Monday, March 8, 2010

The Challenges of the Sea

The twists and turns of life are blocked by ominous obstacles. A man climbing a mountain faces the bitter cold, harsh weather, and has to struggle up steep slopes. A student faces the challenges of juggling sports, schoolwork and friends. The obstacles in someone's path can seem to block the light at the end of the tunnel, and it's their choice whether or not to persist.Facing the disparaging challenges in your life shape your character, challenge your demeanor, and shape the way you live your life. The old man was no exception to the fact that lives are full of obstacles. He had to struggle and fight against pain, being old and alone on the journey, the daunting size of the marlin, and the threatening sharks.

Throughout the book the old man stayed strong despite all of the pain he had to endure. He sat in the boat, holding the weight of the fish on his line. “He was comfortable but suffering, although he did not admit the suffering at all” (64). The old man’s determination helped him to ignore the pain of his back and his cramping hand. Many people would succumb to pain and choose to let go of the fish but Santiago did not. “I must hold his pain where it is, he thought. Mine does not matter. I can control mine. But his pain could drive him mad,” (88). He stayed optimistic and convinced himself that he could deal with his pain to catch the fish of a lifetime. Santiago never even thought of giving in, instead he stayed persistent. His determination and willpower paid off, helping him to reel in an enormous fish even with the pain.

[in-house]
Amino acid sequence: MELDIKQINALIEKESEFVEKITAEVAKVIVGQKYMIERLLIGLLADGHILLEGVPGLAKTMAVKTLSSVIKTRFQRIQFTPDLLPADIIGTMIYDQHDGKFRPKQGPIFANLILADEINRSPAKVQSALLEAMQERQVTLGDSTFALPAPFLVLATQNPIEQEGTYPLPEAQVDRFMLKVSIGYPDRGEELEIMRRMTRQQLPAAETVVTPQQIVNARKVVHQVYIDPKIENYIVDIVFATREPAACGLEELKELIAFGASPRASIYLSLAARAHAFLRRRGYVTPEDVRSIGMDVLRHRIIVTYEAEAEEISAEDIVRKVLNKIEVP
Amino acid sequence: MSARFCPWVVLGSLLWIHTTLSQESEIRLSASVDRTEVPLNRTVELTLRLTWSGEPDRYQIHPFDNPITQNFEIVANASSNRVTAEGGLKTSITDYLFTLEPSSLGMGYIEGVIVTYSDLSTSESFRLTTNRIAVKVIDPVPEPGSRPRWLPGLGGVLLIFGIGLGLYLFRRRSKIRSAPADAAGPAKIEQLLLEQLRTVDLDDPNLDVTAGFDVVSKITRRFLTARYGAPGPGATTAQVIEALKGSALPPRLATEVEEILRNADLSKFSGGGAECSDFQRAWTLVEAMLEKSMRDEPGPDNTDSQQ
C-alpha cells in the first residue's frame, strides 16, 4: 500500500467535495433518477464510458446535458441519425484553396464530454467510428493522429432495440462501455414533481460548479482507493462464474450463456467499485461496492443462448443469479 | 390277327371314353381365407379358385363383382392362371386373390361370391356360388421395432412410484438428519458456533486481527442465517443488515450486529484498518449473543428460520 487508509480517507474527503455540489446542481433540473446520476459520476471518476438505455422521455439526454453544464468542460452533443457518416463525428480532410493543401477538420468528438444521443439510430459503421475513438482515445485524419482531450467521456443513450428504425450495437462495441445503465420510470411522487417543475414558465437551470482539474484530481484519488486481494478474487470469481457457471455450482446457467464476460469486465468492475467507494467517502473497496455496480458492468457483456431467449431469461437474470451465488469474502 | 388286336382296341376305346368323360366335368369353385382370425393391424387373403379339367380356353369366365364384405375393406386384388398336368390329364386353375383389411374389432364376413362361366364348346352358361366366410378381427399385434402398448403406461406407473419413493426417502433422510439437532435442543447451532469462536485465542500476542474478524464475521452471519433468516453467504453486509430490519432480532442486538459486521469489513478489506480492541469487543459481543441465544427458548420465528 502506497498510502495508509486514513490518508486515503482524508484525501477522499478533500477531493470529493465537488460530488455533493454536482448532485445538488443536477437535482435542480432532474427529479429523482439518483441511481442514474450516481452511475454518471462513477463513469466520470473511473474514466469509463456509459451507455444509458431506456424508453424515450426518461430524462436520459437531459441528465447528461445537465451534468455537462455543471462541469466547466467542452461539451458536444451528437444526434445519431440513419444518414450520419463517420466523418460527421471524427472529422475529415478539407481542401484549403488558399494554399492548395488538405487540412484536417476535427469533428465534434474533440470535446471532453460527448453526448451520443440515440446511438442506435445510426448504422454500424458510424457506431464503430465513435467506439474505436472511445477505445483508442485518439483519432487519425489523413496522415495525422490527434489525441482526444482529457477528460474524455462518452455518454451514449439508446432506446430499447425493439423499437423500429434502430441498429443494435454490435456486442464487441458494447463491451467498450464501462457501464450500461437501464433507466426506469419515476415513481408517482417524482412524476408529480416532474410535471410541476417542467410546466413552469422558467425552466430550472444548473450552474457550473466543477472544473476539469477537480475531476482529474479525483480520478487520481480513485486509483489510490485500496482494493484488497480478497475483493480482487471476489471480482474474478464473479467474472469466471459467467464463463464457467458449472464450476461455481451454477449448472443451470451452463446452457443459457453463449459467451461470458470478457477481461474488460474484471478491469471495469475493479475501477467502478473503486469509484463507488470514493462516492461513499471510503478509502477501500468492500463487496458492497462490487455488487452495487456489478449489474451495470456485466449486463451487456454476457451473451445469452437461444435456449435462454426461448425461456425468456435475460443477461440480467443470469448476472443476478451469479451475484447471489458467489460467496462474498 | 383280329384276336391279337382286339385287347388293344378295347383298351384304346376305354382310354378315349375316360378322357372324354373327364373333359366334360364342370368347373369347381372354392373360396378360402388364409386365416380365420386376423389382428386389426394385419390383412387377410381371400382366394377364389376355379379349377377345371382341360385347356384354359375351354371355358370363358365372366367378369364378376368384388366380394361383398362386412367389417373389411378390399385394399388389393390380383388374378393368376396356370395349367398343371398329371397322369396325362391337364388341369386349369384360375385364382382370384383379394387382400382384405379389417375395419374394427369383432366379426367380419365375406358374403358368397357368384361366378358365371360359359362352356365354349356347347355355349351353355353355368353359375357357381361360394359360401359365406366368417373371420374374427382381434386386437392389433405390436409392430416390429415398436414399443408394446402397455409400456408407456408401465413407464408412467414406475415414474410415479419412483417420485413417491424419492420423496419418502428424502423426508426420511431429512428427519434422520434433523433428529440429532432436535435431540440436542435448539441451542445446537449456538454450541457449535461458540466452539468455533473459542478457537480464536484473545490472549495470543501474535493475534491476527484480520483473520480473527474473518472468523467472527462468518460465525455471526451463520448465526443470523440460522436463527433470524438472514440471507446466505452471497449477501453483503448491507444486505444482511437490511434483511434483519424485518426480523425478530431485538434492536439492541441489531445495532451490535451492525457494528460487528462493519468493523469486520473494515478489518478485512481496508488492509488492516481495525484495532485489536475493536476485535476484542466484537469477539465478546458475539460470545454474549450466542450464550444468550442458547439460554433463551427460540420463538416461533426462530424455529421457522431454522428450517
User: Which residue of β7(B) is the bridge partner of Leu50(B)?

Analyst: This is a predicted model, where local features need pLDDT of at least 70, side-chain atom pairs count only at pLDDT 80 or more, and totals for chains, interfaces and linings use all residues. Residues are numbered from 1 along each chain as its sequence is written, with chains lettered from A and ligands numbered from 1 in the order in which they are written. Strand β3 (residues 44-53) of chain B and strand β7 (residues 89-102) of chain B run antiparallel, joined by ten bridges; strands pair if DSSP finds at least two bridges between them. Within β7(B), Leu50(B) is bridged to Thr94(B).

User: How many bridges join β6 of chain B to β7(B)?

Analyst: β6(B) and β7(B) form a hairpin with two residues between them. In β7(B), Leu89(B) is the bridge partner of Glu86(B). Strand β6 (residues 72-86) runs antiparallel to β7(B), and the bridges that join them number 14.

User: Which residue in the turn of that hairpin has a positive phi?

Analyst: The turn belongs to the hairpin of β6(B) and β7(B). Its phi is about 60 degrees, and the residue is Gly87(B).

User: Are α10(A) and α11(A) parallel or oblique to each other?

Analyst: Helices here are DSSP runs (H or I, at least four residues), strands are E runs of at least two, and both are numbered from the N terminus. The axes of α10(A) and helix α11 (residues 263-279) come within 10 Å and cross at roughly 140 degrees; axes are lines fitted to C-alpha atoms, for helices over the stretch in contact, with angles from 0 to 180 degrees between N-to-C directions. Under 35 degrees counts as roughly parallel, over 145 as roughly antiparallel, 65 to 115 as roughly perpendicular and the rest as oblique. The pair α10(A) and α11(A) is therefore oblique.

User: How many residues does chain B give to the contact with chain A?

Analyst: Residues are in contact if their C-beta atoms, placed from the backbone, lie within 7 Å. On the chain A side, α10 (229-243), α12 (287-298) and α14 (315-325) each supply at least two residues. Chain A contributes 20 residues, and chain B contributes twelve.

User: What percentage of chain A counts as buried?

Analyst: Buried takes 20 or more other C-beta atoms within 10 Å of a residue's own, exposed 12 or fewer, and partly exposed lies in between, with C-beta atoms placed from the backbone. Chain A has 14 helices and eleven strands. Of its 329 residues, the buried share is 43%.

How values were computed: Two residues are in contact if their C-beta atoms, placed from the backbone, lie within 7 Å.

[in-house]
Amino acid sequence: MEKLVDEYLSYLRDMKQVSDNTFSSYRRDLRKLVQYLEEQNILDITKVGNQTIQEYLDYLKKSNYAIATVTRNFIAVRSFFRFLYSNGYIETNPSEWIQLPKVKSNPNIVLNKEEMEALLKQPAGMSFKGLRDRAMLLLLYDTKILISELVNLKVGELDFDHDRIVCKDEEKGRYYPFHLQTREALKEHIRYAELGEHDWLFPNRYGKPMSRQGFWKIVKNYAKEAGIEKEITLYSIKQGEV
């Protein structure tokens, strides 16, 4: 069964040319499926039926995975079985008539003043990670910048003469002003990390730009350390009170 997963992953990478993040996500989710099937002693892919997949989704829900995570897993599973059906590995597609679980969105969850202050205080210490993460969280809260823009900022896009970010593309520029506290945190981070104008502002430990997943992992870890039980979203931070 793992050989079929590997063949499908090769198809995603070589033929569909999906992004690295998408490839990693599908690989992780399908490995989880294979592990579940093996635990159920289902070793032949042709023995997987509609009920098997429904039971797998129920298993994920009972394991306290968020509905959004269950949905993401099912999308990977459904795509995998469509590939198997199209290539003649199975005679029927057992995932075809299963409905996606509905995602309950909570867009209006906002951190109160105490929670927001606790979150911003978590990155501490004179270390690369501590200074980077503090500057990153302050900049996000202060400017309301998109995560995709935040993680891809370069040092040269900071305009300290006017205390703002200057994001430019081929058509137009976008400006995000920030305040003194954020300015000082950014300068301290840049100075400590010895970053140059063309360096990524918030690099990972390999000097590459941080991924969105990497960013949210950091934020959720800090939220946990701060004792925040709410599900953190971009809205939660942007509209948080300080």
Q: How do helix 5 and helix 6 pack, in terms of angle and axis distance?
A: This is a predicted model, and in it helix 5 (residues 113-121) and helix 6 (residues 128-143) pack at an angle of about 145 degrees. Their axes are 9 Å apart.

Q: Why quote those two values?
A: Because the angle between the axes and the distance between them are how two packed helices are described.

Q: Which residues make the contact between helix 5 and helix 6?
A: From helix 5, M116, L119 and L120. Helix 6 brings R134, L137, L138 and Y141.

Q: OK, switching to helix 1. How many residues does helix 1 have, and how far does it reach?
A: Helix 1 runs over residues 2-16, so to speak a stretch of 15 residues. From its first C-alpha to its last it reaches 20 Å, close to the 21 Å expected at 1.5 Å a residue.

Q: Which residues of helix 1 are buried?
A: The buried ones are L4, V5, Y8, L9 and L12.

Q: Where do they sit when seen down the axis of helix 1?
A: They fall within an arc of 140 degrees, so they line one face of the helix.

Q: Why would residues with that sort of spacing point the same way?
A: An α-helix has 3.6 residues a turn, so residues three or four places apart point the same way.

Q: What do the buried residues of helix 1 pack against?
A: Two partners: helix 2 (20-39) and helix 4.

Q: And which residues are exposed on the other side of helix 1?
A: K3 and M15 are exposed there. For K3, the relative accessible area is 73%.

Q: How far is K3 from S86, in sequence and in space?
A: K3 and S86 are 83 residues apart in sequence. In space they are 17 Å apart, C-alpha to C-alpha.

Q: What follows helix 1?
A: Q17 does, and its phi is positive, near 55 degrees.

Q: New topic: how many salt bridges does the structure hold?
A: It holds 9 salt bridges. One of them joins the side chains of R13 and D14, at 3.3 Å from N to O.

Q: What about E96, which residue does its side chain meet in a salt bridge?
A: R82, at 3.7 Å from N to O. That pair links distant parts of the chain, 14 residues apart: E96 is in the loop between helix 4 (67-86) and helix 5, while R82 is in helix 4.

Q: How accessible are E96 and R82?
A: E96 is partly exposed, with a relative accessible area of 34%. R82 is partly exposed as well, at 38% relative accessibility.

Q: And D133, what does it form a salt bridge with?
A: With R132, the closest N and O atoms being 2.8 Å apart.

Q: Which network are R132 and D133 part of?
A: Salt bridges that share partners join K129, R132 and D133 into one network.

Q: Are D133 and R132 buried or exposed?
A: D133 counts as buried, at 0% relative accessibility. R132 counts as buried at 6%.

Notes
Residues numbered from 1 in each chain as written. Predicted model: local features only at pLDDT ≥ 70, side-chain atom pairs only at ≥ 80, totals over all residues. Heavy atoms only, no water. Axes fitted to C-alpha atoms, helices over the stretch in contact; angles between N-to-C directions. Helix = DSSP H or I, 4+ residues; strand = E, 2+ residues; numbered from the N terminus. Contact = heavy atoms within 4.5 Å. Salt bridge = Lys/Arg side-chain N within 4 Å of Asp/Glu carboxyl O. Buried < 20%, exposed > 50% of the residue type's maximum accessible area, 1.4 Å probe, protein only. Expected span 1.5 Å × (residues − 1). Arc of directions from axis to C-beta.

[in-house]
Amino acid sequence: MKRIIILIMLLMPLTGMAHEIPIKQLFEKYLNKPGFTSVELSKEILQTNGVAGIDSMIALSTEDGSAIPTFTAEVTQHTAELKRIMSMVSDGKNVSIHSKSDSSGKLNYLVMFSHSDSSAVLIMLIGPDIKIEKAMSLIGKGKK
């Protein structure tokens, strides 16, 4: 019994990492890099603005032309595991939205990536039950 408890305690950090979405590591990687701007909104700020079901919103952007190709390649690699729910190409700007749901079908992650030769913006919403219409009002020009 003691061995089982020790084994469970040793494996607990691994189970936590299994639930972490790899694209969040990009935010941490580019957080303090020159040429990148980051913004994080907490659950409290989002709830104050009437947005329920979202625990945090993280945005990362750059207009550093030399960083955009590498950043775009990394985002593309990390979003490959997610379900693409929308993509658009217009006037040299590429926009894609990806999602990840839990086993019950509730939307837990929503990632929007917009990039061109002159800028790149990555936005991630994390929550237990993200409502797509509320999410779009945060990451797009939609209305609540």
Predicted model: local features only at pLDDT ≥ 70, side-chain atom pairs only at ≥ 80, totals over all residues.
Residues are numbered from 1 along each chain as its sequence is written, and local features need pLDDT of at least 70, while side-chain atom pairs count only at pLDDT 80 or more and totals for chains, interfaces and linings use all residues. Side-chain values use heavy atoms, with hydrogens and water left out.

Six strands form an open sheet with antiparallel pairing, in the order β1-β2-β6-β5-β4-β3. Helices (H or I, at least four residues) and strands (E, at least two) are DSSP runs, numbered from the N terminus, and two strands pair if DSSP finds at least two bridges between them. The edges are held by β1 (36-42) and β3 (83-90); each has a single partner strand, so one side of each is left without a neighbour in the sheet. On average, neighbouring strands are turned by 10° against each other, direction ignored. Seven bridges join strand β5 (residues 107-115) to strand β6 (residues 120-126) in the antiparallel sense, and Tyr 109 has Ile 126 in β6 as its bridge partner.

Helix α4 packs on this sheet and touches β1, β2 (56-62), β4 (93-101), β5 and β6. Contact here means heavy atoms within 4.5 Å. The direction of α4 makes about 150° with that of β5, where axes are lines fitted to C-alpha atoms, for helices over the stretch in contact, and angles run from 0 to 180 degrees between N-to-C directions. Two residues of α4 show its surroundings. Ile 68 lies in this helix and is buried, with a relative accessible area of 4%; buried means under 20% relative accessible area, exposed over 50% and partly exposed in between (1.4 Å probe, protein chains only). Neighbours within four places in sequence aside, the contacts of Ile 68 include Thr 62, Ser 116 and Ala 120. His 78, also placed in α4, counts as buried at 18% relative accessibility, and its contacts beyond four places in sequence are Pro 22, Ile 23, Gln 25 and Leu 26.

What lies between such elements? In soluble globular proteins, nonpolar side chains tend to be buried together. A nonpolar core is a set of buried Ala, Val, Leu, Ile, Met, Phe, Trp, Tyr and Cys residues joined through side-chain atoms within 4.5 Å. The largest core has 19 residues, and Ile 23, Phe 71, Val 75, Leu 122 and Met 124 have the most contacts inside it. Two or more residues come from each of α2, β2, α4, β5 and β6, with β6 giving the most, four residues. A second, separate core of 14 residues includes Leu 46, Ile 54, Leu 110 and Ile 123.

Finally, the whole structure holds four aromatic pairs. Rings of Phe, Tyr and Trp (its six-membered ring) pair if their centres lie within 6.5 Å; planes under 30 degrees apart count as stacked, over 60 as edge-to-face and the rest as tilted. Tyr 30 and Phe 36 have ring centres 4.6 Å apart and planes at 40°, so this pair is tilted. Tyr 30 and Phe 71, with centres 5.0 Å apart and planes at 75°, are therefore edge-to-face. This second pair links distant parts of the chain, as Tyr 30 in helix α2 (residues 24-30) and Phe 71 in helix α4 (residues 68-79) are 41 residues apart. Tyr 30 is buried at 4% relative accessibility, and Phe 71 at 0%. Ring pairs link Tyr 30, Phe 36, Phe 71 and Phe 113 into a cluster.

Santiago was an old man alone on a skiff, which immediately gave him a disadvantage in catching a fish of that marlin’s stature. “He had seen many that weighed more than a thousand pounds and he had caught two of that size in his life, but never alone,” (63). The lonely, old man had very slim chances of bringing in a fish that big. His body wasn’t as strong as other younger men’s were and he needed all the strength he could get to reel in his catch. The obstacle of old age was inevitable and posed a serious threat. Santiago stayed confident in himself, despite the odds. He accepted his old age and lack of help and used all of the strength that he was capable of to succeed in catching the marlin.